Journey through time to experience seeds of social change.
Inside Civil Rights connects people, places, and moments of the civil rights era to the legacy of President Dwight D. Eisenhower, and today’s efforts at cultural renaissance, urban renewal, and policy change. This six-day travel opportunity takes students to the heart of the Civil Rights Movement for an intensive firsthand look at how efforts to integrate the South serve as a foundation for today’s push for racial and social justice.
Our experience begins at the National Civil Rights Museum in Memphis. Students will stand on the motel balcony where Dr. Martin Luther King was shot while organizing sanitation workers. In small-group discussions with local experts, we examine whether efforts urging President Eisenhower to take a bolder, more public stand against discrimination were addressed in the 1957 Civil Rights Act that he signed into law.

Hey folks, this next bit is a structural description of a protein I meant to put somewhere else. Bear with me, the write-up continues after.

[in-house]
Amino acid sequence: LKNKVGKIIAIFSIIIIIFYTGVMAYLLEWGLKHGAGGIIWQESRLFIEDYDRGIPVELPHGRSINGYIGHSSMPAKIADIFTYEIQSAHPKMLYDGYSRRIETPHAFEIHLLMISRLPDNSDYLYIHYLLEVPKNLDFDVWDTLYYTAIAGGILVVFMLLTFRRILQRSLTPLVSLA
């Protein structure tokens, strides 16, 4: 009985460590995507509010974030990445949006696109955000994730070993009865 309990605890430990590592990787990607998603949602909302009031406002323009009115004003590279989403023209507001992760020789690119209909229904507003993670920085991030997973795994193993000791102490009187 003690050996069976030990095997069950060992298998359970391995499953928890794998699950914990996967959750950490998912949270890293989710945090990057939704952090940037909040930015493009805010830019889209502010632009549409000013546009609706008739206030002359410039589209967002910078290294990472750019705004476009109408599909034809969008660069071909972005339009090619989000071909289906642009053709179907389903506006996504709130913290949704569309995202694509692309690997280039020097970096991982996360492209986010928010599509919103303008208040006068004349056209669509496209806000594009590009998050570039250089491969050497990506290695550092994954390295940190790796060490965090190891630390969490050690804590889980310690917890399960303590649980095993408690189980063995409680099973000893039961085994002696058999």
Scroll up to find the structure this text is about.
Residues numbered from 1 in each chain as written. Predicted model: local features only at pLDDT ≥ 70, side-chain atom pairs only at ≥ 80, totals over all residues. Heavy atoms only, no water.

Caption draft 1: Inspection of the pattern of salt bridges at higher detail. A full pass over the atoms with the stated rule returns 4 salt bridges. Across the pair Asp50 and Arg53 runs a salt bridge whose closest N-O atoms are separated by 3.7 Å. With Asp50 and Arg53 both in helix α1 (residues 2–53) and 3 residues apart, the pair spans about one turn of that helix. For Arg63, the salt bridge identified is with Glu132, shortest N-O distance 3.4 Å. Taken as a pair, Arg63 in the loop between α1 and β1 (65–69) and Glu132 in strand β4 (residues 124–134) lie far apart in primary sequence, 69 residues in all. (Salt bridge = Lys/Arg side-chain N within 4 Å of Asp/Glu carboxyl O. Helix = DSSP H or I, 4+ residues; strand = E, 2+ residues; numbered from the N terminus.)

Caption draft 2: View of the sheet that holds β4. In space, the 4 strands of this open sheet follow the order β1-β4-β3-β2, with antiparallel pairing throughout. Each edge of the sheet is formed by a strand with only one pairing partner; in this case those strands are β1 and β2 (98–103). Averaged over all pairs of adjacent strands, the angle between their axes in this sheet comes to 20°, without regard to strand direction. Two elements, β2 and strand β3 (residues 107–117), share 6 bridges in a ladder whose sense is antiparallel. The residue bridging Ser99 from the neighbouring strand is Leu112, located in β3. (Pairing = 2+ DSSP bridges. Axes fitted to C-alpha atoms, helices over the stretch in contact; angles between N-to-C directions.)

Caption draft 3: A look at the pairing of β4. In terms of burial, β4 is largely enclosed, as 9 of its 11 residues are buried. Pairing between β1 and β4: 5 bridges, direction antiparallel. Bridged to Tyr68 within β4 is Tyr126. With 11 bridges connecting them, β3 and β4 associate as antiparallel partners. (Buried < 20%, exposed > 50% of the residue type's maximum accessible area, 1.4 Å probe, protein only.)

Our traveling classroom explores the tumultuous desegregation of Central High School in Little Rock, Arkansas, that prompted Eisenhower to send federal troops to enforce Brown v. Board of Education. We’ll consider how segregation continues to impact education, housing, culture and economic development today.
In Jackson, Mississippi, students will work with experts at the COFO Civil Rights Education Center at Jackson State University to develop and present innovative, forward-looking policy proposals. These proposals will address current issues such as voter registration, racial disparities in education and health care, housing, and economic development.
The study trip is open by application to first-years, sophomores, and juniors who seek a greater understanding of the forces driving and resisting social change.
- Monday, March 27, 4-6 p.m. — Orientation
- Friday, April 21, 6-8 p.m. — Dinner and film viewing
- May 7-12, 2023 — Study Trip